Could a $ 1,000 billion platinum coin save the US economy?


The United States could end up with a big problem in the coming weeks. According to Treasury Secretary Janet Yellen, the Treasury will run out of money on October 18.

One proposed solution to this crisis is to strike a platinum coin worth $ 1,000 billion.

How can the United States run out of money?

In the United States, tax rates and expenses are set by Congress. When the amount of spending is less than the amount of taxes collected, the government borrows money, by selling bonds, to have enough money to spend.

This is all relatively normal and this is how most governments work.

The United States, however, has a limit on the amount of money it can borrow which is set by law, regardless of the budgeting process.

This means that every once in a while the country finds itself in a place where legally it has to spend more money than it has, but is also not allowed to borrow money.

This “debt ceiling“, as it is called, potentially creates a situation where the United States would be unable to meet its obligations. This includes things like government salaries, veterans benefits, and Social Security checks, but more importantly, interest on government bonds.

When an issuer is unable to pay the interest on the bonds, this is called a default. The faults have a number of implications.

First, interest begins to accrue at a penalty rate of 6% per annum, making any potential catch-up payments much larger than normal interest payments.

Second, borrowers may be less likely to lend money to an issuer with a history of default. This means that borrowing costs would likely be higher in the future.

US Treasuries, bonds and notes are not just any bonds however, they play an important role in the global financial system. If banks and money market funds are the plumbing system of the global financial system, treasury bills make up most of the water.

While it’s impossible to know exactly what would happen in the event of a default, the potential fallout is severe enough that most experts think it’s best to avoid at all costs.

How did we get here?

The last big showdown, in 2011, coincided with a nearly 20% drop in the S&P 500. Since then, there have been a few relatively minor skirmishes around the debt ceiling, but nothing quite like the showdown. of 2011, nor to our current situation.

The debt ceiling has been suspended three times under the Trump administration, all three with bipartisan votes. In these cases, rather than voting to increase the limit, the bill said that the debt ceiling did not matter until a particular date, when it would be reinstated regardless of the debt. then current. The last of those suspensions ended earlier this year and the Treasury paid bonds from reserve funds and used other “extraordinary measures” to keep things funded since then.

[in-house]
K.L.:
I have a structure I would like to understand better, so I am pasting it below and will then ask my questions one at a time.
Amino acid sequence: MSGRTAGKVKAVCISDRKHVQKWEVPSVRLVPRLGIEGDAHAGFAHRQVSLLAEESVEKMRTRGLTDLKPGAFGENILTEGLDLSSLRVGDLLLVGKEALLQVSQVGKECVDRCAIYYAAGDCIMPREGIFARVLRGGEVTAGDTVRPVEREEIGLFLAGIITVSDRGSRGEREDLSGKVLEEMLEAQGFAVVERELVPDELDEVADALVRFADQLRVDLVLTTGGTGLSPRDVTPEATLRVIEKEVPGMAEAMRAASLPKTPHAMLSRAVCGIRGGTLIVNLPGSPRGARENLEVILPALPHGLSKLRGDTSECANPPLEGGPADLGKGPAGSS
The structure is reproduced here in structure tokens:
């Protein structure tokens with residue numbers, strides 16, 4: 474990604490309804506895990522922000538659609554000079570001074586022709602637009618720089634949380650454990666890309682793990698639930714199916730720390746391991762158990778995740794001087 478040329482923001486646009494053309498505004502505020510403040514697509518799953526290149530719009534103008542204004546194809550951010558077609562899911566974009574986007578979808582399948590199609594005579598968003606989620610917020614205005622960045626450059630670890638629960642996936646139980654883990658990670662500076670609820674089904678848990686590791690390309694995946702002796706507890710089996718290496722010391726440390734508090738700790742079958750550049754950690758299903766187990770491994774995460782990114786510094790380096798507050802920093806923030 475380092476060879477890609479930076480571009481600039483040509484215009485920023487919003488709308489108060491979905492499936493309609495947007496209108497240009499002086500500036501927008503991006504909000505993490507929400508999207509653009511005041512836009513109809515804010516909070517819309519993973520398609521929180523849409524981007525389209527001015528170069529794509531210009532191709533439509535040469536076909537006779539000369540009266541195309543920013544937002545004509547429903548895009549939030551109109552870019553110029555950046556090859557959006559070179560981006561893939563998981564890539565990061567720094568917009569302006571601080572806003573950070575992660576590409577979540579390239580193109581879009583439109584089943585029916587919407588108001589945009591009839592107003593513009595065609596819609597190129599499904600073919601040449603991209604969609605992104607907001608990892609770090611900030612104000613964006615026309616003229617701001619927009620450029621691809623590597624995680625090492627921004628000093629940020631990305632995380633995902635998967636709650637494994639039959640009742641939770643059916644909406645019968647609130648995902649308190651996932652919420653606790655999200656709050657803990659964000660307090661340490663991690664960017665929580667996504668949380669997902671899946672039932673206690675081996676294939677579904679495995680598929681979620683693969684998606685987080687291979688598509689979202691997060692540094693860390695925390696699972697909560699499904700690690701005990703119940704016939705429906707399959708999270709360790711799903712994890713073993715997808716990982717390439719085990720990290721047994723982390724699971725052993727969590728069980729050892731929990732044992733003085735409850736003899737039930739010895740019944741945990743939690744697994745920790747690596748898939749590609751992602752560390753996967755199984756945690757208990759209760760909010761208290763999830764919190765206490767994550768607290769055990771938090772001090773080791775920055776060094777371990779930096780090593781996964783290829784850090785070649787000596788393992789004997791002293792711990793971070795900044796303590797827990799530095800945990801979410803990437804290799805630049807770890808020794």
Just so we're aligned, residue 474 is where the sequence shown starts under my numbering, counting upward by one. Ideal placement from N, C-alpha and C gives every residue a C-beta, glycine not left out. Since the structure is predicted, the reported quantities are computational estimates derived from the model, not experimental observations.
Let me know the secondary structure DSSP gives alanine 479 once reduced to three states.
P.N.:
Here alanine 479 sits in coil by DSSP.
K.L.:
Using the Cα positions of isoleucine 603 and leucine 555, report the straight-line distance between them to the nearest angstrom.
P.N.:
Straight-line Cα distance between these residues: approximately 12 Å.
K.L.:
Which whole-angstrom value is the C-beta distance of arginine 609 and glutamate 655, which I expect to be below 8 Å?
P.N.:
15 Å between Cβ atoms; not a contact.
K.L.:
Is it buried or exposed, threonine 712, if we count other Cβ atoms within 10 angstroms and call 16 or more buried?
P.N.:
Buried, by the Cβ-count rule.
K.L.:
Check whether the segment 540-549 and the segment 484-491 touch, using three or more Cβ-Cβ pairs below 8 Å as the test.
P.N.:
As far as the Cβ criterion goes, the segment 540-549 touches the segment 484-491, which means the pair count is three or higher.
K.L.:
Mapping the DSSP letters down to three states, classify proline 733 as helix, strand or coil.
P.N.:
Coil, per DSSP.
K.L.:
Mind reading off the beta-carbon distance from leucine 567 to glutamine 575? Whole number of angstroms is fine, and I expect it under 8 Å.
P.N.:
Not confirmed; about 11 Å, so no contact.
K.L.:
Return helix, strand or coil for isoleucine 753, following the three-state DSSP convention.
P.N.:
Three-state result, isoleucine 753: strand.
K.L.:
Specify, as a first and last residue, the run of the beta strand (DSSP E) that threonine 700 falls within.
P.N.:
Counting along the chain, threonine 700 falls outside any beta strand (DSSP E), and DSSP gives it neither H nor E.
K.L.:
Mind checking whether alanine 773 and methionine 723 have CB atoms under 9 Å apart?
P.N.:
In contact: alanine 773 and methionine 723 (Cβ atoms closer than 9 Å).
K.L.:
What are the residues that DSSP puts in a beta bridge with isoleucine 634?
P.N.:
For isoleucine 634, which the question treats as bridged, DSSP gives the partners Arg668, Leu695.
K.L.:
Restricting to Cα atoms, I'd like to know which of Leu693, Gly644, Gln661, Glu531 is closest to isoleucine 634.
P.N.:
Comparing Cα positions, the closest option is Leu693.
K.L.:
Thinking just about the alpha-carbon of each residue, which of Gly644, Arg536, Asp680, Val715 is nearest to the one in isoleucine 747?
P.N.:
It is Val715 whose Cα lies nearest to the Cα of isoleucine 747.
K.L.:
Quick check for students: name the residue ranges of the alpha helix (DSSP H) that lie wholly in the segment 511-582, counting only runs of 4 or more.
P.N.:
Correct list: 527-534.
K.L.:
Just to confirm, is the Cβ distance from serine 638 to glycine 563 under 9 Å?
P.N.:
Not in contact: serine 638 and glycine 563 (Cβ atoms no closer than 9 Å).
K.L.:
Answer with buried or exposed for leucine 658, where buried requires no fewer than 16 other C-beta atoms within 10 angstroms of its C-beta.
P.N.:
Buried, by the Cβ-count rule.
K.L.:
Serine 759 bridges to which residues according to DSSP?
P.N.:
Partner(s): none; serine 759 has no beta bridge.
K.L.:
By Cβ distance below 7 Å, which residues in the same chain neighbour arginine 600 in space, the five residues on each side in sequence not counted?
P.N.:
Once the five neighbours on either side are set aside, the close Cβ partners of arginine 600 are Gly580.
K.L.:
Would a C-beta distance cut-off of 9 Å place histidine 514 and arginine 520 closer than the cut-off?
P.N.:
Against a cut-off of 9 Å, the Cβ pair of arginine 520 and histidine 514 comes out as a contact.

Republicans in the Senate blocked bills that would raise the debt ceiling, voting against a measure just yesterday. GOP caucus leader Mitch McConnell has repeatedly said his party will not vote for a bill to raise the debt ceiling, thus preventing such a bill from being passed under normal rules of the Senate, which require 60 votes to end debate and allow a real vote on the legislation.


The idea of ​​a platinum coin was first popularized during the 2011 crisis, but it was mostly an idea promoted on social networks and which had little success with elected officials.

Under the Currency Act, the Treasury has the power to mint and issue platinum coins in any denomination desired by the Secretary of the Treasury. Supporters of the coins say such a coin could then be deposited into the treasury account at the Federal Reserve and used to redeem and withdraw treasury bills, which would reduce the amount of outstanding debt and free up debt. place under the ceiling.

The idea of ​​using a platinum coin to fund the government has been proposed more recently as a way to fund Covid relief, but the ABCAct has not gone anywhere in Congress.

Should it be $ 1,000 billion?

No, the coin can be any denomination chosen by the Secretary of the Treasury, $ 1,000 billion is just a very large number that would provide great borrowing capacity.

What big room are we talking about?

Size doesn’t matter. Dimes are smaller than Nickels, but are worth more. The dollar value of the coin is set by the Secretary of the Treasury, not by the size of the coin or the amount of platinum it contains.

Is it legal?

Incredibly, it is absolutely legal for the Mint to do this. There is no legal restriction on the total quantity of coins that the Mint may issue on behalf of the Treasury. The Mint may issue coins in such amounts as the Secretary deems necessary to meet the needs of the United States in accordance with the Currency Act.

Would that make Congress foolish?

Every penny of the current debt, as well as billions in additional spending has already been approved by Congress. Is having a separate law that prevents the treasury from doing what Congress told it to do in the budget foolish?

What is the probability?

Probably not very likely. Washington’s leaders would prefer to treat the debt ceiling the traditional way, but as the deadline draws near, it’s unclear what kind of extraordinary steps the Biden administration could take to avoid a default.

Leave A Reply

Your email address will not be published.